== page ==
September 17, 2010

by Damon Martin – MMAWeekly.com When Ryan Bader got the call that he was going to fly to Australia and face Keith Jardine at UFC 110, there was a slight doubt in his mind if he was ready.

Sure, Bader was “The Ultimate Fighter Season 8” winner, and he had gone 2-0 since winning in the finale, but he knew that facing a fighter like Jardine was a big step forward in his career.

That all changed just seconds into the first round.

“To tell you the truth, I got the call last time, ‘you’re fighting Keith Jardine’ and I was in college watching these guys, watching MMA, watching ‘The Ultimate Fighter’ and all that kind of stuff, so that was a big step for me,” Bader explained when appearing on MMAWeekly Radio. “Going in there and not knowing what to expect with a guy like Jardine. He’s fought Rampage, and Chuck Liddell, and all that kind of good stuff.

“I went in there and right after the first exchange happened, I knew I was fine, like okay I belong here.”

Once that moment clicked, Bader was more than okay because he ended up getting a TKO win over Jardine in the third round, propelling him to his next fight, a showdown with Antonio Rogerio Nogueira at UFC 119 in Indianapolis.

To look at their records, Nogueira has double the amount of experience as Bader, but the former Arizona State All-American is looking at this fight in another way. He’s looking at Nogueira as the next step towards a title shot.

“After I beat Jardine, this is definitely what I wanted. I didn’t want to go backwards from Jardine, I wanted to go forward and ultimately get my goal, which is the UFC title. They offered up Nogueira, it seems like a great logical step. He’s top five, top seven right now at 205, and that’s where I want to be,” Bader said.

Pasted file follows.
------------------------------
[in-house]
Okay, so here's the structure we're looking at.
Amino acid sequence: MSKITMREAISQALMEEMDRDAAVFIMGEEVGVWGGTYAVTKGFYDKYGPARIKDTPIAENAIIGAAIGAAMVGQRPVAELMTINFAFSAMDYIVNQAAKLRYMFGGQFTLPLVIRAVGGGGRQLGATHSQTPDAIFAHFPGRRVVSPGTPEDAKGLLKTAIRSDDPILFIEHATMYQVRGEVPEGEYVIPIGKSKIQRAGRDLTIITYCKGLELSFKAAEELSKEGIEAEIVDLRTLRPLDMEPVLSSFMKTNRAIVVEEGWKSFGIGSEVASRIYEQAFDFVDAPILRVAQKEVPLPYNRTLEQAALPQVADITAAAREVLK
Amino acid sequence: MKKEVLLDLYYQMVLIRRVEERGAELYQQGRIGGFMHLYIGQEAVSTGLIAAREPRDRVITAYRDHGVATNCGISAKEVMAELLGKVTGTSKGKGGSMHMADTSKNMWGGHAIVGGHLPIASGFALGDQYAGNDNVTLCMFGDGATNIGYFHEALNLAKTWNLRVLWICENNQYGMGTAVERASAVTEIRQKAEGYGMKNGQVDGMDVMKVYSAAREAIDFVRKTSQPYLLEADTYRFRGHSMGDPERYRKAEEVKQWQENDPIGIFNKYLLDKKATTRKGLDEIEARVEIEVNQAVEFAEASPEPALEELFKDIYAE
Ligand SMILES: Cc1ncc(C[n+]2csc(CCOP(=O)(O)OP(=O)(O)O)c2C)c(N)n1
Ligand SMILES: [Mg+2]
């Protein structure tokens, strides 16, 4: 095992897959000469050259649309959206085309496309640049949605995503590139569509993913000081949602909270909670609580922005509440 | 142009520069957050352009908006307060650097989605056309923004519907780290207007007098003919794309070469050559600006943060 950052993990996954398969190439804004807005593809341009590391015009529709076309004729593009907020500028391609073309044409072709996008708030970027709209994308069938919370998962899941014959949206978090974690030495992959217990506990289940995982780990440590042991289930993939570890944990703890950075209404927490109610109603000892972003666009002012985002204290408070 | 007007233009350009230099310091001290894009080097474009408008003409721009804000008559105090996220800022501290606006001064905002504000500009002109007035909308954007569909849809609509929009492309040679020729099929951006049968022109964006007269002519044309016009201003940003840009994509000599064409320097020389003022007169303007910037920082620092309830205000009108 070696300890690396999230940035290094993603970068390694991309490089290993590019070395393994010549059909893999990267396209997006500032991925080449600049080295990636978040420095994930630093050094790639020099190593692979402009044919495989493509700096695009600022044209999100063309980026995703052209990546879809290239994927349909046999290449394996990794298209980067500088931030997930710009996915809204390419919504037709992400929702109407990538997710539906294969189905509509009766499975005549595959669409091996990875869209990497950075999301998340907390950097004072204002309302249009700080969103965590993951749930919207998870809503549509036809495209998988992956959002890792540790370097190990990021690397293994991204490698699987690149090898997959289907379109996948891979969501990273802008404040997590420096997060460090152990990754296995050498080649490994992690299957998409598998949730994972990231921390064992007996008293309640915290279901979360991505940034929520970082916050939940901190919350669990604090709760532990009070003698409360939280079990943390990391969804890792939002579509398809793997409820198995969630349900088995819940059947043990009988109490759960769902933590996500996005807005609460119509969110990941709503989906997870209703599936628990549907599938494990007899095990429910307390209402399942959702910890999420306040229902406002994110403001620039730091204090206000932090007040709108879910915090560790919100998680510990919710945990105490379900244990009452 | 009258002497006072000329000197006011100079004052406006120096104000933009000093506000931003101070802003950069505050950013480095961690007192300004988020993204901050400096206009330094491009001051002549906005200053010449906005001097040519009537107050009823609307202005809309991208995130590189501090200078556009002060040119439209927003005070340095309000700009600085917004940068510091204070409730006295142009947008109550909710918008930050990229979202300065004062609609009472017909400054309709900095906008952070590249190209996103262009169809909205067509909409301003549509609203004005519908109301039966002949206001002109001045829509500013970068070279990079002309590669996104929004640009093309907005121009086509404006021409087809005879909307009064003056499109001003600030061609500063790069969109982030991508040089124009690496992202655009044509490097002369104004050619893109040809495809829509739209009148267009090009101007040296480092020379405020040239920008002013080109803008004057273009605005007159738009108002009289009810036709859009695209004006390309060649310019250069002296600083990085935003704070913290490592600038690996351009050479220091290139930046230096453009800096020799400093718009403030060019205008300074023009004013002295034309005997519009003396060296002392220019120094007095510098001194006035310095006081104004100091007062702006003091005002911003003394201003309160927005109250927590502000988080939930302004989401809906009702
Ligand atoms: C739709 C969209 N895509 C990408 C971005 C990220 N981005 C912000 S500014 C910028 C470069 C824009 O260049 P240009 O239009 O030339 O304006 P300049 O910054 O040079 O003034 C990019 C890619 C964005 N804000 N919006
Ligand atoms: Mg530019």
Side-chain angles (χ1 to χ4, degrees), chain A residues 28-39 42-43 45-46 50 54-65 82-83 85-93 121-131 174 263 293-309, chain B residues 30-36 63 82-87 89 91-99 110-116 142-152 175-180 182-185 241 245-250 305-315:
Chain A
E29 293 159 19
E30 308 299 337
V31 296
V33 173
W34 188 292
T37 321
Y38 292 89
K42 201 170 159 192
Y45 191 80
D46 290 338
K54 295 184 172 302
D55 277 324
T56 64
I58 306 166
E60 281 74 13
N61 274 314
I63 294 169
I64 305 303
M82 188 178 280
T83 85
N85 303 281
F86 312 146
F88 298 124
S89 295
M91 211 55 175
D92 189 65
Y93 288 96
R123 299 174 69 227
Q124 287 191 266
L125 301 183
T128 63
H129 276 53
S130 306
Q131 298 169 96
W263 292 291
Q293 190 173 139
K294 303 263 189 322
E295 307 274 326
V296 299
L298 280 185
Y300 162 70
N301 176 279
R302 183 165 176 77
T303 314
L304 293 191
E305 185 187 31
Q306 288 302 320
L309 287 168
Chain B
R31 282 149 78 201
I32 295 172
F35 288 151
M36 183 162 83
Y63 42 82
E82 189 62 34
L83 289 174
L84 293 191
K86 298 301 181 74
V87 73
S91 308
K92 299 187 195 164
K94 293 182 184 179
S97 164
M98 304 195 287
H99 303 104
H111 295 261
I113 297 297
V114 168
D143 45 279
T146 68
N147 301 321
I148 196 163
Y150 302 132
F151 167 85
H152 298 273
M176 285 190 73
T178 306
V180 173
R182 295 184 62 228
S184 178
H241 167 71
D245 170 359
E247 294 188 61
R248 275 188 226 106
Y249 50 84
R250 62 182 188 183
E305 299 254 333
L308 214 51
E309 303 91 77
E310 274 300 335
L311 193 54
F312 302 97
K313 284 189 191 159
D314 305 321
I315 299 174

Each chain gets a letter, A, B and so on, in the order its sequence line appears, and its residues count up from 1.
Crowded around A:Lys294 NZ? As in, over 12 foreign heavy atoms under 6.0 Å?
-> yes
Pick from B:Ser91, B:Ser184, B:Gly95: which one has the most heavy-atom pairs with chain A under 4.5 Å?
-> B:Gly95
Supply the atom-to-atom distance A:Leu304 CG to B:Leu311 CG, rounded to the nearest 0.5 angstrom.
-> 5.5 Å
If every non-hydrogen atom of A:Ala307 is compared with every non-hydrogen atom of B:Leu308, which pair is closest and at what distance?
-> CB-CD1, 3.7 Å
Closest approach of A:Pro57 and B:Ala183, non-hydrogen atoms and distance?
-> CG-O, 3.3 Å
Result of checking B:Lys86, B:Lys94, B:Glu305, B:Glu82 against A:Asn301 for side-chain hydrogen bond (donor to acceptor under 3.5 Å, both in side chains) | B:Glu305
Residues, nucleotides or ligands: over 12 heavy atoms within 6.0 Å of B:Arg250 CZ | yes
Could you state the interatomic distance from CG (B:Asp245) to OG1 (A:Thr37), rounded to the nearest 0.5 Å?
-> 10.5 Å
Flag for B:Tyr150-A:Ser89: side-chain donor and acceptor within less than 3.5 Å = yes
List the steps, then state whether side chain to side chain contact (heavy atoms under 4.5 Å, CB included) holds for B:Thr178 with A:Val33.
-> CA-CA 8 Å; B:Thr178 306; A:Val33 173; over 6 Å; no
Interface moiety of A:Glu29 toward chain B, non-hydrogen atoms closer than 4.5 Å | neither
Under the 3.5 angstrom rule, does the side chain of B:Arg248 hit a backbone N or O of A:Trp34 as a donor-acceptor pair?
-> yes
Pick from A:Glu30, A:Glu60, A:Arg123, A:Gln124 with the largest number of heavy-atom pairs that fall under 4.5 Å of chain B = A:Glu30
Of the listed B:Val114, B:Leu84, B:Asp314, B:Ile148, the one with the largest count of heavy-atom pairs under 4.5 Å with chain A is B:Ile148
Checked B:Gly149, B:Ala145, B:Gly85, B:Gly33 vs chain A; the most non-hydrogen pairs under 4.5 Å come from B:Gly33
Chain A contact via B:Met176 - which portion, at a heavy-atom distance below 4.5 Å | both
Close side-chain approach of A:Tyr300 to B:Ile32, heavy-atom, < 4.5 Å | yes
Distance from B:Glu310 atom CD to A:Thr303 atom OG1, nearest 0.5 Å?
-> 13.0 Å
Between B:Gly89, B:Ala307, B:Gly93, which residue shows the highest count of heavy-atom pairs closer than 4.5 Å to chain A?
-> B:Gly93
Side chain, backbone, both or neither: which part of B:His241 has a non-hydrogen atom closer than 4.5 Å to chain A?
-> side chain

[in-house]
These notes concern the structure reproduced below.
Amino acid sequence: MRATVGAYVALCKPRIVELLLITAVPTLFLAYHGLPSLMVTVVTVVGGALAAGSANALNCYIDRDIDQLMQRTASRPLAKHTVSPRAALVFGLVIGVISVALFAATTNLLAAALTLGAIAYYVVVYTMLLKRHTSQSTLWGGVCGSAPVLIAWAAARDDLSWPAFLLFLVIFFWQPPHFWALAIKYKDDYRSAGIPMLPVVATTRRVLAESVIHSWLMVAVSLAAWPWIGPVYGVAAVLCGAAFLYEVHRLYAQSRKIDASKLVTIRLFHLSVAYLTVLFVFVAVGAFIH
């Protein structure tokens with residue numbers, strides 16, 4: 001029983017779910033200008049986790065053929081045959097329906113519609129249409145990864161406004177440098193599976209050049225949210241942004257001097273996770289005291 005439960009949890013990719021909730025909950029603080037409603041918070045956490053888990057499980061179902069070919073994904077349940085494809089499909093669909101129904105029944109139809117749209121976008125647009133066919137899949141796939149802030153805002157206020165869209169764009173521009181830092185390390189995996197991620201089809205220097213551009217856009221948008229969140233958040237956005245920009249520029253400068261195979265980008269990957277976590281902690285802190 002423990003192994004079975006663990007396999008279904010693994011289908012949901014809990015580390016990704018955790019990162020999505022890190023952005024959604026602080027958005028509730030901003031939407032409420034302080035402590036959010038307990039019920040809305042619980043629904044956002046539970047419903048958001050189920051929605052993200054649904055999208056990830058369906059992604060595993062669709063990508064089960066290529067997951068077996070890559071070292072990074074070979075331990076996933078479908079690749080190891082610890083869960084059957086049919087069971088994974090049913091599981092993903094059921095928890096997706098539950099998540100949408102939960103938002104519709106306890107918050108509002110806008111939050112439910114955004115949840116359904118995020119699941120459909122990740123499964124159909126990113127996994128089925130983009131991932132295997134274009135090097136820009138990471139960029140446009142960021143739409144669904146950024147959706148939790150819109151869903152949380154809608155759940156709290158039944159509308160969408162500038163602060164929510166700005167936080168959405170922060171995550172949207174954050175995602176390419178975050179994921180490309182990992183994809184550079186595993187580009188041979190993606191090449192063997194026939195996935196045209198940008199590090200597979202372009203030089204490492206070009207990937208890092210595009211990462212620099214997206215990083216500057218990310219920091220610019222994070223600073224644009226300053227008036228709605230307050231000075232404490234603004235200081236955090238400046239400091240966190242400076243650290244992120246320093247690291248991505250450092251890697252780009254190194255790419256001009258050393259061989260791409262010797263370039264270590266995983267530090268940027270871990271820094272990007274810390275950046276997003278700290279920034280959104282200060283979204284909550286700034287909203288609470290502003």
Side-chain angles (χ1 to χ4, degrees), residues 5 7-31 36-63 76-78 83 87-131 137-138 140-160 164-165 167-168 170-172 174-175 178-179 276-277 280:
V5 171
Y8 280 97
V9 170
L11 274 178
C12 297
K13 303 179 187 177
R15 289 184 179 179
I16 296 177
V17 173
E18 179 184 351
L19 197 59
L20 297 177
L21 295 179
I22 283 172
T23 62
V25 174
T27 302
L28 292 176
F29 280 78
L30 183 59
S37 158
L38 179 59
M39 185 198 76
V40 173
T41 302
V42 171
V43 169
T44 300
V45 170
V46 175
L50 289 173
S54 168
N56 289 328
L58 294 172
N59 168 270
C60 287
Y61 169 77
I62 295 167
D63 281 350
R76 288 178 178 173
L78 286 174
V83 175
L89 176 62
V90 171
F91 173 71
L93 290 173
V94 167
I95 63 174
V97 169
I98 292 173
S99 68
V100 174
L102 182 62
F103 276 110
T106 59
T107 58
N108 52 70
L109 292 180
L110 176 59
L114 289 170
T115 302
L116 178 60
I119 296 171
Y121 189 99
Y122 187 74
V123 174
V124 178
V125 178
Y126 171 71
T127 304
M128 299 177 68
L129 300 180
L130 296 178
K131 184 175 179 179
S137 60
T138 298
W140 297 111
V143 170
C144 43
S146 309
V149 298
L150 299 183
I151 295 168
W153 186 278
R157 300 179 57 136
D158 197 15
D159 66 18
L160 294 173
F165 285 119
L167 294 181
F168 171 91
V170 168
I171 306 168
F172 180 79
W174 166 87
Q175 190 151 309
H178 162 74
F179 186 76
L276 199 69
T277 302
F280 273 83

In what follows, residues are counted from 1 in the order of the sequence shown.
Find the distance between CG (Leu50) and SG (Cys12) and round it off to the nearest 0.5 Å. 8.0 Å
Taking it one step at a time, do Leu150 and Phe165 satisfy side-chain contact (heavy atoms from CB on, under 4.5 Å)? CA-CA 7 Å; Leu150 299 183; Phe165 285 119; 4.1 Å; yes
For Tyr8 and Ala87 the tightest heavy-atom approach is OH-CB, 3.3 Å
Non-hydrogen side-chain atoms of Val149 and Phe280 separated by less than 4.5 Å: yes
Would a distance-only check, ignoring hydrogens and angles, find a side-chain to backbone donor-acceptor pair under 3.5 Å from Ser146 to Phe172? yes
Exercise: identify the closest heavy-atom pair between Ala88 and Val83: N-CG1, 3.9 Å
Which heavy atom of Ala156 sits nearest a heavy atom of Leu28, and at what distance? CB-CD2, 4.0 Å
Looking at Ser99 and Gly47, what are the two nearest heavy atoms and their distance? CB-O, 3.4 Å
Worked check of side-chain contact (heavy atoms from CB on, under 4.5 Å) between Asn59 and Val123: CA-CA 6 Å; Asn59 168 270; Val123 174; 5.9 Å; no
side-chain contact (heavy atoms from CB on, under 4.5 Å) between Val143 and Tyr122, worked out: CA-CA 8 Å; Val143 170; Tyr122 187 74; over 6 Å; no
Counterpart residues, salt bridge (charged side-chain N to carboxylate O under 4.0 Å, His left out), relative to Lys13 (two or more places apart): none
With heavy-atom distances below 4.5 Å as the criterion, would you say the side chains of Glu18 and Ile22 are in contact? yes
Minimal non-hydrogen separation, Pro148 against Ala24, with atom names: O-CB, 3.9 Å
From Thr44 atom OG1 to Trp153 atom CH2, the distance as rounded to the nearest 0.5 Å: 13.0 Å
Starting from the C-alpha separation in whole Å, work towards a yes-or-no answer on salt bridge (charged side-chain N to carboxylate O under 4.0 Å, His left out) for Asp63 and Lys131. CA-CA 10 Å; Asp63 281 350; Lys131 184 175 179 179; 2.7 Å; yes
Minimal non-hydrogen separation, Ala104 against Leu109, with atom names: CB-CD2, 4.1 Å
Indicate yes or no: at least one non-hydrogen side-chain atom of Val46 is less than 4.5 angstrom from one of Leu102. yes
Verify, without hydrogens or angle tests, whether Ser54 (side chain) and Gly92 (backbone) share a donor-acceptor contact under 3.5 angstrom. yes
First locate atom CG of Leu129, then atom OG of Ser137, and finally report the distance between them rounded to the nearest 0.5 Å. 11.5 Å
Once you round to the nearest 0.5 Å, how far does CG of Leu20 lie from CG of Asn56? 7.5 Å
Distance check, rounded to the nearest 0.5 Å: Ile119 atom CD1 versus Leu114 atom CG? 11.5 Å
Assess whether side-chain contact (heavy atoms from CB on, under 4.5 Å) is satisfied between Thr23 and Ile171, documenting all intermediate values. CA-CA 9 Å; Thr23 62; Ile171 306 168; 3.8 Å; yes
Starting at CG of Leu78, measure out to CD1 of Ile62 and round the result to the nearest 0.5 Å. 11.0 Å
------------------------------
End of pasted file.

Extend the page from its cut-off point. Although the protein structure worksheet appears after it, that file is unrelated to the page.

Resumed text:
“I want to keep climbing up that ladder, and he’s the next rung.”

Heading into this fight, Nogueira has said some things about Bader, as should be expected, in interviews. He’s stated that he plans on handing the former “Ultimate Fighter” winner his first career loss, and that if he wants to win he should avoid the ground game at all costs.

Bader was listening, and he thinks he’ll do just fine against Nogueira, wherever the fight goes.

“I watched his interview and he said the smartest thing for me to do is keep it standing and all that kind of crap,” Bader commented. “I don’t worry about what he’s going to do. I’m going to go in there and implement my game plan. I’m going to mix it up just like (Jason) Brilz did, and I have powerful and heavy hands, and I can definitely take him down whenever I want.”

In Nogueira’s last fight, late replacement Jason Brilz did seem to surprise the Brazilian with some solid wrestling skills, ability to get the advantage in the scrambles on the ground, and almost caught the Brazilian Jiu-Jitsu black belt with a submission of his own. Nogueira ended up getting a split decision nod over Brilz, but not without several fighters in the light heavyweight division taking notice of what went wrong that night.

Bader was definitely watching that night, but he’s prepared for whatever old tricks or new ones that Nogueira can throw at him.

“I’m expecting the best Nogueira that’s ever fought, and that’s how I’m training,” said Bader. “I’m training to go out and go to war with the best Nogueira we’ve ever seen.”